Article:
Low surface energy (LSE) plastics are favorites of design engineers, but do any adhesives bond to them?

Are there any adhesives that work with low surface energy (LSE) plastics? While LSE plastics provide low cost, excellent physical properties, durability, flexibility, and good resistance to temperature extremes and moisture, they are not easily bonded with traditional adhesives. Are there any adhesives that will work cost-effectively with these materials, including polyethylene, polypropylene, EVA, PVA, and others?

Forum Leaders

  • Jeremy Cooler

    Jeremy Cooler

    Technical Specialist Bonding, Joining & Sealing Business Unit FABRICO To read Jeremy's opening, click here
    1. LSE plastics are well-liked by design engineers for their versatility. They are light weight, durable, flexible, and typically lower cost than metals or other materials. Yet, their non-stick characteristics make them hard to bond. For many design engineers, working with these materials may mean expensive and time-consuming use of mechanical fasteners, ultrasonic welding or elaborate pre-treating. New acrylic and cyanoacrylate adhesives that provide strong bonds with LSE plastics are changing that. New liquid adhesives and pressure-sensitive adhesive (PSA) tapes are being used with LSE plastics in automotive, recreational and sport vehicles, electronics, appliances, aerospace, and medical applications. When working with LSE plastics it’s important to select the right adhesive for the application and the material.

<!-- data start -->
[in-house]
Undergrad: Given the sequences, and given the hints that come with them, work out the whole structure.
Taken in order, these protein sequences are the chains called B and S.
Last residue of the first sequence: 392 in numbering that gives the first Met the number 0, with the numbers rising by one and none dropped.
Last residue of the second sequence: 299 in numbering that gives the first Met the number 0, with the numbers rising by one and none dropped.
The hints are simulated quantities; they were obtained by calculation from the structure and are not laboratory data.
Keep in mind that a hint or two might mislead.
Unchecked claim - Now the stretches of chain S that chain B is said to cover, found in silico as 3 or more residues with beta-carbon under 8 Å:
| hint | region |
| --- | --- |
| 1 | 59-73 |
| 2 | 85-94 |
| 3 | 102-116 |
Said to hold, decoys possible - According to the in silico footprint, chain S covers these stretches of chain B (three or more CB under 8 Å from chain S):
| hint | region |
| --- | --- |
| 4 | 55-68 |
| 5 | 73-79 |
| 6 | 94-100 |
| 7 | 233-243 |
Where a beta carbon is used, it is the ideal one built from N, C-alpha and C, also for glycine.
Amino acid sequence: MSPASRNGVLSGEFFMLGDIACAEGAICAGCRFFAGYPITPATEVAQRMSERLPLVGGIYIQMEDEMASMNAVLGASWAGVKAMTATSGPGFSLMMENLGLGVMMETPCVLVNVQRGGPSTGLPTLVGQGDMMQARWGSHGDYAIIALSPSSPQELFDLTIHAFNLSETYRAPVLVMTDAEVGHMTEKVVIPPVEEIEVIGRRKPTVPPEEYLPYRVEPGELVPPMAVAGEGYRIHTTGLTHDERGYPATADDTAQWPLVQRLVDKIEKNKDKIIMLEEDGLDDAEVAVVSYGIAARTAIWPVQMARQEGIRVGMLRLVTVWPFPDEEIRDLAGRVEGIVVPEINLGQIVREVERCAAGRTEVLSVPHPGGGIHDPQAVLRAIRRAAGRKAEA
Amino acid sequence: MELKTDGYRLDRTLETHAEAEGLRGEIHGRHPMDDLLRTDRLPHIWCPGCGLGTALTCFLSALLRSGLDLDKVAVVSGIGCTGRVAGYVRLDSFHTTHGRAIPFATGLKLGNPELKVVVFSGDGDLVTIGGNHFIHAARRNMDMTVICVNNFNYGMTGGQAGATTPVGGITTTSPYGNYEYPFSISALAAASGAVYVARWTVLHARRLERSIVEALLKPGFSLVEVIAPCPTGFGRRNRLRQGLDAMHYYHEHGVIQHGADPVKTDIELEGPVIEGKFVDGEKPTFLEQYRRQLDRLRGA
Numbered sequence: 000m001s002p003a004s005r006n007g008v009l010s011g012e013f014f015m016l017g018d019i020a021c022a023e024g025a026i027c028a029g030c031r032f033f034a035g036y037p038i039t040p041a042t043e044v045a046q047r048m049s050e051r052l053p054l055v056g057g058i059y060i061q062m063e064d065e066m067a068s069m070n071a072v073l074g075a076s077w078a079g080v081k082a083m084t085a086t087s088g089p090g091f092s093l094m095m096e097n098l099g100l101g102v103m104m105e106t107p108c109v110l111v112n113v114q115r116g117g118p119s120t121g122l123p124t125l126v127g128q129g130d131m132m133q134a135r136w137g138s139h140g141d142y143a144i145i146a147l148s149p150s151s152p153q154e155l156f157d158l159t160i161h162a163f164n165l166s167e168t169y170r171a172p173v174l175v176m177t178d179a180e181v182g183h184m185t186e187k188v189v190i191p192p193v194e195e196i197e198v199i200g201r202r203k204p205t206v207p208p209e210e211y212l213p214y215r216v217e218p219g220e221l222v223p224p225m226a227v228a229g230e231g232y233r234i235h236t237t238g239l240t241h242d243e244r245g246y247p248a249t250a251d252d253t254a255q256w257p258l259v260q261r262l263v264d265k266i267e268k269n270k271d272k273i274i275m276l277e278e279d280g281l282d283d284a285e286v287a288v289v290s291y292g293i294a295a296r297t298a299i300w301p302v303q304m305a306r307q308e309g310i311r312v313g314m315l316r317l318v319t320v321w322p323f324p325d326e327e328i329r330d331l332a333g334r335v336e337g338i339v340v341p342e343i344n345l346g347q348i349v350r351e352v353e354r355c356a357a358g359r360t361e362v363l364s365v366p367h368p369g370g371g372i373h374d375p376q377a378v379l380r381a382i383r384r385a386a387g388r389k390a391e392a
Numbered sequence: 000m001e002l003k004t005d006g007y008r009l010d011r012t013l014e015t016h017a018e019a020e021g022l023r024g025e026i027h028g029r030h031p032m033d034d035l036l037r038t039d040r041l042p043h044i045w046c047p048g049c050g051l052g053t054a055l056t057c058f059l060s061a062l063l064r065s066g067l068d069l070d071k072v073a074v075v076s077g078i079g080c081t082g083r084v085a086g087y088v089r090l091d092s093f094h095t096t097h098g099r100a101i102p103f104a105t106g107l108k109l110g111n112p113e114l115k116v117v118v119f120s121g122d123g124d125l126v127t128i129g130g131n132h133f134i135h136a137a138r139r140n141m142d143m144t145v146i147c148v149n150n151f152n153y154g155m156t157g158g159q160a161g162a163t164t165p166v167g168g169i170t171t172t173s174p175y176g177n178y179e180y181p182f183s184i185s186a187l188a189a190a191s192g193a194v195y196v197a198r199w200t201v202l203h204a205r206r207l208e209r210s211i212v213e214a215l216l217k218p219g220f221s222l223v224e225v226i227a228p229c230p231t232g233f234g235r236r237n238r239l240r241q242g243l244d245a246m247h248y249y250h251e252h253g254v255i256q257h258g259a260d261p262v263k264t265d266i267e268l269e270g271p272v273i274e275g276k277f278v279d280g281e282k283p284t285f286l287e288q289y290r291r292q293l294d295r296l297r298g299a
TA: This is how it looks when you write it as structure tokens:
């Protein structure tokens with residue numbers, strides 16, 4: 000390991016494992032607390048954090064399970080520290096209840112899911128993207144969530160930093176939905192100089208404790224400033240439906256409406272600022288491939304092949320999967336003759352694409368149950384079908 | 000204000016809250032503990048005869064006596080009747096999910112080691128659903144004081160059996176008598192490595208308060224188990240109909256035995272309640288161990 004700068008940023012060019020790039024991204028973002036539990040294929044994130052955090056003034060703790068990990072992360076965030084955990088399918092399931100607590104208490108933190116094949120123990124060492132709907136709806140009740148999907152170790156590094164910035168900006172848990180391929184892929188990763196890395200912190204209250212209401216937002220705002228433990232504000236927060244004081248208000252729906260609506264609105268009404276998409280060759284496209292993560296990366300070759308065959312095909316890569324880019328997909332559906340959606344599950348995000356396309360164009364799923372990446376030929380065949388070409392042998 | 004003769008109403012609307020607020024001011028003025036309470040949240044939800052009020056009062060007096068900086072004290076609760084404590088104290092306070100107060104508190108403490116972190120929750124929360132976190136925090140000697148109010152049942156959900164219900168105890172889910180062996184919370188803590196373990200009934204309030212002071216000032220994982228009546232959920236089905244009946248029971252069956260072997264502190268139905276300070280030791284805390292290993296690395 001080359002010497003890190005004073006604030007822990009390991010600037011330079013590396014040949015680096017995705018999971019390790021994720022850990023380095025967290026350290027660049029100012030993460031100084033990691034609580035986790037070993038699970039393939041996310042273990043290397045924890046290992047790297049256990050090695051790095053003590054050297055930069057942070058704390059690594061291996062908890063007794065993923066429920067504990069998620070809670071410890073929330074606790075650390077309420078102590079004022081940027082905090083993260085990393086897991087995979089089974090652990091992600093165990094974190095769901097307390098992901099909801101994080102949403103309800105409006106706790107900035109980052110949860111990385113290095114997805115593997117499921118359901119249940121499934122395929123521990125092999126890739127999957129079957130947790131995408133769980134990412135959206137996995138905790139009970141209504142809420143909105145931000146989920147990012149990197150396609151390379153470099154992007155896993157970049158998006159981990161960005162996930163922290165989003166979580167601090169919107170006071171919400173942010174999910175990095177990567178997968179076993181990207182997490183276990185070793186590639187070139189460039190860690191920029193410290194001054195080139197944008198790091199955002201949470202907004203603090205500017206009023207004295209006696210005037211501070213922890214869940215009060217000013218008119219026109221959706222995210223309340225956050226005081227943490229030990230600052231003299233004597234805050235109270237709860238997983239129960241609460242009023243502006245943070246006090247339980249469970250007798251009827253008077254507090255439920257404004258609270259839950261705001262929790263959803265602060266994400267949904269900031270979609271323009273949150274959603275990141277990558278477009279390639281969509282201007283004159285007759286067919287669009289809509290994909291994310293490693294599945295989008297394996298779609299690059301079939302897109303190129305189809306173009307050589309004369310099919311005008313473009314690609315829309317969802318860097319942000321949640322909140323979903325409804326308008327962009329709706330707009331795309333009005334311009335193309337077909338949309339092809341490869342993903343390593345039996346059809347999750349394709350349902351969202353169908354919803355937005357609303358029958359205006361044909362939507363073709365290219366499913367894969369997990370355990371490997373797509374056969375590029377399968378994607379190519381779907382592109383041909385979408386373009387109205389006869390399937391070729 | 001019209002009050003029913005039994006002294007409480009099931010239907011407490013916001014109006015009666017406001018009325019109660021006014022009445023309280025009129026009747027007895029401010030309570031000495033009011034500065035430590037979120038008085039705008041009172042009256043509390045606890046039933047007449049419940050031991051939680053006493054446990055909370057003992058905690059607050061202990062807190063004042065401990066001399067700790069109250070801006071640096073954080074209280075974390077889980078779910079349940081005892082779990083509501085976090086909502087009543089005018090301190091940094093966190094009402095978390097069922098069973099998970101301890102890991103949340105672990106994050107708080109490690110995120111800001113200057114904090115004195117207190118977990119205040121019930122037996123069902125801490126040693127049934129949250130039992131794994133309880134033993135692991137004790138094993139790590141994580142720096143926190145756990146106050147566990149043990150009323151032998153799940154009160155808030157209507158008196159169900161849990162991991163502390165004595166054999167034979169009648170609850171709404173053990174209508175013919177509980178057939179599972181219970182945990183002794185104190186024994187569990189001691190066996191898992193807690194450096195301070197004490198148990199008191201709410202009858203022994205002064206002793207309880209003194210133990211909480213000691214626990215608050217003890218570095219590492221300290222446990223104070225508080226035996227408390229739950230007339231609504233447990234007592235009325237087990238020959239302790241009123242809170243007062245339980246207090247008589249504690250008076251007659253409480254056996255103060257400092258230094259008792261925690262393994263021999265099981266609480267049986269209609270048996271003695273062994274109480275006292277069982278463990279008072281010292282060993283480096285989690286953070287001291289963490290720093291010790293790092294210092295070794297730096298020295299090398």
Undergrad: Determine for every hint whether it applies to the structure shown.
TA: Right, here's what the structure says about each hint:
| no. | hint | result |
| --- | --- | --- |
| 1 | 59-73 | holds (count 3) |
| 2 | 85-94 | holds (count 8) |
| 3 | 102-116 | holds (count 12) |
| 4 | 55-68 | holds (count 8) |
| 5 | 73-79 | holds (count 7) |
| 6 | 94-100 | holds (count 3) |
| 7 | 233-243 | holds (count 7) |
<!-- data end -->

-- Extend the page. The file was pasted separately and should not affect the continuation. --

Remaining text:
• Joe Musca

    Joe Musca

    Converter Markets Account Representative 3M To read Joe's opening, click here
    1. Engineers working with LSE plastics want to use adhesives for a number of good reasons: to distribute loads evenly across a joint; resist stress caused by flexing, vibration, and impact; fill surface gaps to seal as well as bond; provide invisible, aesthetically pleasing bonds; eliminate mechanical fasteners; and reduce weight. Using adhesives with LSE plastics is all about good wetting by the adhesive, which creates strong adhesion/good bonding. Acrylic liquid adhesives and tapes, cyanoacrylates, light-cure acrylics, and light-cure cyanoacrylates are all possible adhesive technologies that work well with LSE plastics.

Comments are currently closed for this discussion topic

22 Responses Below

  1. Hey, thanks for the blog. Keep writing.

    by Rocky on January 9, 2012 at: 12:34 am
  2. Very neat blog article.Really looking forward to read more. Really Cool.